The United Arab Emirates may breathe easier under a strict ban on smoking, the details of which are still being hammered out five months after smoking hookahthe actual bill was signed by President Khalifa bin Zayed Al Nahyan, the Abu Dhabi-based newspaper The National reported this week.
The new bylaws would ban smoking in all public places, including hotels, cafes and restaurants, and outlaw all forms of tobacco advertising. Even the ubiquitous nargileh, the traditional water pipe puffed across the region by teenagers and grandmothers alike, would be subject to tighter regulations.
The original law required only a partial ban on public smoking, and the wording was so vague that it could not be implemented, forcing health officials back to the drawing table.
They ultimately adopted more or less the exact language prescribed by the World Health Organization, banning even special smoking areas within public establishments and requiring smokers to stay at least 25 feet away from the entrance to a public building.
“We want to prevent the use of tobacco products in all public venues in the country. We want to fight this,” Dr. Salim Adib of the Abu Dhabi Health Authority told The National. “I don’t think we should accept anything less than what is happening in Western Europe.”
The new bylaws must be approved by the Ministry of Health and the relevant municipalities.
Drumming up the smoke-free spirit, Dubai authorities initiated their “Tobacco-Free Women” campaign this week at the Mall of the Emirates. The public awareness effort features free medical examinations at the mall for women who smoke. The campaign will culminate during worldwide Tobacco-Free Day on May 31, reported the official Emirates News Agency.
In honor of the global occasion, Dubai petrol stations have agreed to stop selling tobacco products for 24 hours, announced the Khaleej Times.
Most of the Emirates already had full or partial smoking bans in place, but the new legislation will introduce stricter measures, particularly for tobacco advertising and cafes that offer nargileh, which will be banned altogether from residential areas.
“Tobacco consumption in the gulf region has become an economic, social and health burden over the past 50 years due to the rapid and continuous phenomenon of smoking as well as the emergence of other behaviors such as shisha and medwaakh [tobacco pipe],” Health Minister Dr. Hanif Hassan said in a statement.
“The GCC [Gulf Cooperation Council] countries have worked for many years on the implementation of several measures aimed at reducing the usage of tobacco and its products among its nationals, [including] anti-advertising, determining the percentage of nicotine and tar in cigarettes, increasing customs duties on tobacco products and finally the publication of numerous decisions and legislation to ban smoking in public places,” he continued.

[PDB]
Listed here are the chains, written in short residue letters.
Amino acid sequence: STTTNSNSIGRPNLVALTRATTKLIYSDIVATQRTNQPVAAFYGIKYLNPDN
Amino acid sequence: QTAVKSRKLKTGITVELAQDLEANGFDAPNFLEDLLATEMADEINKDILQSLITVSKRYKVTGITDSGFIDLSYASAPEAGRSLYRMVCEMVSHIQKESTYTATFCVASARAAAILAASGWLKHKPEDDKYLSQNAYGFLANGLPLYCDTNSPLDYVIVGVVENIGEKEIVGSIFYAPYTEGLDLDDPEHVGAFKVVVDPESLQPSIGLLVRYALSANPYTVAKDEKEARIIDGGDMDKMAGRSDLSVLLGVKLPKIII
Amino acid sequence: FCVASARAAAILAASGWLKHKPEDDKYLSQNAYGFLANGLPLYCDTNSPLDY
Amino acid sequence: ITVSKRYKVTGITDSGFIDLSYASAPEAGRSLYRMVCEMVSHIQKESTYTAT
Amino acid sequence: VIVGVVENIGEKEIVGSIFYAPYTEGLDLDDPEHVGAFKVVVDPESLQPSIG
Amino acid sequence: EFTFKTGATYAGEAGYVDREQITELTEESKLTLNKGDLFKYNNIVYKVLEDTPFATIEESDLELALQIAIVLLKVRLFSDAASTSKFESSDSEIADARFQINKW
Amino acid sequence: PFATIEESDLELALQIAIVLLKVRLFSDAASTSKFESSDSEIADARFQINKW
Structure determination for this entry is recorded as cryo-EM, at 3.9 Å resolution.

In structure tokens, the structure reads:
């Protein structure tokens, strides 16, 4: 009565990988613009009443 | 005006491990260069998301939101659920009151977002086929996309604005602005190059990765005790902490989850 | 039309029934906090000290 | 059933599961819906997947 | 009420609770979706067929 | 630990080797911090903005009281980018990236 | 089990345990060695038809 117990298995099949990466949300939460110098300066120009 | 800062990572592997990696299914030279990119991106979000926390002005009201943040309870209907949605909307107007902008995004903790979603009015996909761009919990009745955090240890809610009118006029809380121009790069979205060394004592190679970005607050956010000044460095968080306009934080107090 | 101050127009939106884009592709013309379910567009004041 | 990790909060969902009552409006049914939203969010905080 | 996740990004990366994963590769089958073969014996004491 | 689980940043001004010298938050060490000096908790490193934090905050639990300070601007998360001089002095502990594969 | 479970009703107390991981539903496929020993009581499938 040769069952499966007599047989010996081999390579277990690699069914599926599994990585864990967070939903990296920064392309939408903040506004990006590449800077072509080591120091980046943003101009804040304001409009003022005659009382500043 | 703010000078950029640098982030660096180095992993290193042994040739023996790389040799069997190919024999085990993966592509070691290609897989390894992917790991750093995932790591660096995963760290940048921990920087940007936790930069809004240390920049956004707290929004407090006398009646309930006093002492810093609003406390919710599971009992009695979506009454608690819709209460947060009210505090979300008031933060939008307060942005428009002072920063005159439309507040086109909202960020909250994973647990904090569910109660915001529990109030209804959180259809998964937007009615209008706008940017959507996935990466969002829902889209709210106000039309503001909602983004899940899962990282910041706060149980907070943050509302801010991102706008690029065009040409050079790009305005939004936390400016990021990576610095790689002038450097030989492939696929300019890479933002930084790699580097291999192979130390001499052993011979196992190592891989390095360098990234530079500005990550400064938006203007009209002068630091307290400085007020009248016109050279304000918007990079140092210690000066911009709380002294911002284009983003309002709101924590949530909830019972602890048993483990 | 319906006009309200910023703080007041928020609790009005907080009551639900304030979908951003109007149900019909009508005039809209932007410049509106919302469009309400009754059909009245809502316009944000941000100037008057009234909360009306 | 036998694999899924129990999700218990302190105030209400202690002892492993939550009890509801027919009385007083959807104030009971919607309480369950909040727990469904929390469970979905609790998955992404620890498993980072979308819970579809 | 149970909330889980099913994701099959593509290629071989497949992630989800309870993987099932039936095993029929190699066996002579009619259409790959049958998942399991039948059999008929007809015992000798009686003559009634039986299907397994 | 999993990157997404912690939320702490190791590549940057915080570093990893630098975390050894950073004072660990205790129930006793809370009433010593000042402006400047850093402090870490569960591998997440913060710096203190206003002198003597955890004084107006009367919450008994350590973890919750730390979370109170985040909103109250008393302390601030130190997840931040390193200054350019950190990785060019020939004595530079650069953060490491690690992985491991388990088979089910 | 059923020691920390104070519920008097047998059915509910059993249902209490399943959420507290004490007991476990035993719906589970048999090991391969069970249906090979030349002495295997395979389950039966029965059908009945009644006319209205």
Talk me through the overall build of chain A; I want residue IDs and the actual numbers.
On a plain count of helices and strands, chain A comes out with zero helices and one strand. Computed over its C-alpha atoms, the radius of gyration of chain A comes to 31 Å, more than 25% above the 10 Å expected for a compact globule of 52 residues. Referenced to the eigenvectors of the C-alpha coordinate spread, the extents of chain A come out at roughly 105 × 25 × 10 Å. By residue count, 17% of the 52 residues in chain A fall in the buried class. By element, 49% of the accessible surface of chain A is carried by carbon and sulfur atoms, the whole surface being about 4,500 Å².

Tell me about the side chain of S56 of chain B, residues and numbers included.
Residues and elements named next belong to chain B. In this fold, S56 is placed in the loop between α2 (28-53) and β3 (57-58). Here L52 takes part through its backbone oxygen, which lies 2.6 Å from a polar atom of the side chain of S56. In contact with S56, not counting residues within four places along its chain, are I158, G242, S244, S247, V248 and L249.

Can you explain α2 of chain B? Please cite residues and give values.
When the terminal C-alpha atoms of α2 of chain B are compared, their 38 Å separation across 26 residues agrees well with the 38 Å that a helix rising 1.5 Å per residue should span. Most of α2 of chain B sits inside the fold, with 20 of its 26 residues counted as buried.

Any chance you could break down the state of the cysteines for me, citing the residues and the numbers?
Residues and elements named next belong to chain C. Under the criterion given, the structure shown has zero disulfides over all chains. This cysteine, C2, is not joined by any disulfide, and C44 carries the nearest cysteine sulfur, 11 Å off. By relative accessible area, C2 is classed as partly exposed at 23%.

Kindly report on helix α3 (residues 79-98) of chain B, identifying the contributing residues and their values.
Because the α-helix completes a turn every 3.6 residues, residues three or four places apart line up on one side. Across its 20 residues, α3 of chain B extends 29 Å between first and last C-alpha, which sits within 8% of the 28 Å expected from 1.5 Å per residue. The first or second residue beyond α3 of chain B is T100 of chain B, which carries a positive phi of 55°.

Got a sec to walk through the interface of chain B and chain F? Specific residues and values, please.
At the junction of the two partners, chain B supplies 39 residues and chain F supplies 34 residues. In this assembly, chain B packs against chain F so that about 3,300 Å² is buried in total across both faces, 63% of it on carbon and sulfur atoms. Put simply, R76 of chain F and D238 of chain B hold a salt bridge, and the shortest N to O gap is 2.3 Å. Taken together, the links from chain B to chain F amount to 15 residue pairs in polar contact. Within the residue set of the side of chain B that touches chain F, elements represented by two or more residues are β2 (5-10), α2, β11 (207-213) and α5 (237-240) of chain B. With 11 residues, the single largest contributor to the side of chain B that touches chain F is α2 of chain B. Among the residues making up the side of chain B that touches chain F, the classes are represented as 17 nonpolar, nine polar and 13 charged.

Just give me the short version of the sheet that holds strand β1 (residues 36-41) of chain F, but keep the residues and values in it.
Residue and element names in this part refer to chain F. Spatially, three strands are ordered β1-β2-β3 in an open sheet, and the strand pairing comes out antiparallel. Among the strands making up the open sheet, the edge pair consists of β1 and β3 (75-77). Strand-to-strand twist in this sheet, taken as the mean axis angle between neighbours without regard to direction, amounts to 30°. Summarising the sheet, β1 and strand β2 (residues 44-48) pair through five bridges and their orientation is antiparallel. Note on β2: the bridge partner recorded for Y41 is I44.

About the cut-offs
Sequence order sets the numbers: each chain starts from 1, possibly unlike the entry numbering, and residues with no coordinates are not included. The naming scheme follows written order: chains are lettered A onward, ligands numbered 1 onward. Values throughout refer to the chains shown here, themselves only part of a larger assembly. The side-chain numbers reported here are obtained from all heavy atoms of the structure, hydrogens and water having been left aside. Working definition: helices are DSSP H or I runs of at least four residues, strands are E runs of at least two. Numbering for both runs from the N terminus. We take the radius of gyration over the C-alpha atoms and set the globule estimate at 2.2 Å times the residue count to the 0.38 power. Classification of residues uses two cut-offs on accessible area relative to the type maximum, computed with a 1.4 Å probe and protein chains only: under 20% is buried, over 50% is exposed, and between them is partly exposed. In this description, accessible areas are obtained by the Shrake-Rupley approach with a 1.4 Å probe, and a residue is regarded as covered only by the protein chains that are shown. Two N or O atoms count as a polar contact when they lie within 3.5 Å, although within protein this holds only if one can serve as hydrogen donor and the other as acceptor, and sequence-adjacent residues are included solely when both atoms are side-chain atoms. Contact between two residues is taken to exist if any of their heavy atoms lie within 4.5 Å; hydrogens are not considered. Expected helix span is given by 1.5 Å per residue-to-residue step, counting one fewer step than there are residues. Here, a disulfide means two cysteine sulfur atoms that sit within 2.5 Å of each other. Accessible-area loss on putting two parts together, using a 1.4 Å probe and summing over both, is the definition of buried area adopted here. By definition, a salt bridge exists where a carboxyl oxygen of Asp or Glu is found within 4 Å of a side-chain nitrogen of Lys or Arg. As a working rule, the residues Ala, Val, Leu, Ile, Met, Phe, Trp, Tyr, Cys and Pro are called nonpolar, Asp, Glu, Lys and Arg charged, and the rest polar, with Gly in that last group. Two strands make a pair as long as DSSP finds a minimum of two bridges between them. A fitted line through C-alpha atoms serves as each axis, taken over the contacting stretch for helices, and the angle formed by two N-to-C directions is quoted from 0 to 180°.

Anti-smoking efforts are gaining momentum, not just in the Emirates but across the region, signaling a change in the winds of social mores and attitudes towards public health.
Most recently, Turkey and Syria both banned smoking in public. Saudi Arabia spearheaded a smoke-free hajj campaign last year, and last August, anti-smoking legislation was proposed in the Iraqi Parliament. Israel has had a partial ban on smoking in public since 1983 and continues to pursue reforms. Even in Lebanon, more health activists have raised their voices as of late for a smoking ban.
Critical of the trend, some analysts suggest that the prohibition will have deleterious effects on the tourism industry. Dr. Jonathan Tomlin recently conducted a study on the potential effect of a proposed ban in India, claiming that the tourist industry would undoubtedly suffer.
The National Tobacco Control Committee expects the ban to be fully implemented by the end of the year.
By Becky Lee Katz in Beirut

AT&T led pack in lobbying expenses

Despite a modest agenda, communications giant AT&T spent up to $1.1 million in the first quarter of 2010 on lobbyists, more than any other principal.
Compensation reports submitted to the Florida Legislature show the company again outdistancing any other and show a near tripling of lobby expenses reported for the quarter ending March 31.
State lawmakers involved in communications issues said there was no particularly big issue that would have sparked such an increase. Others said AT&T has always spent a lot on lobbying efforts regardless of whether there was a particular issue in play.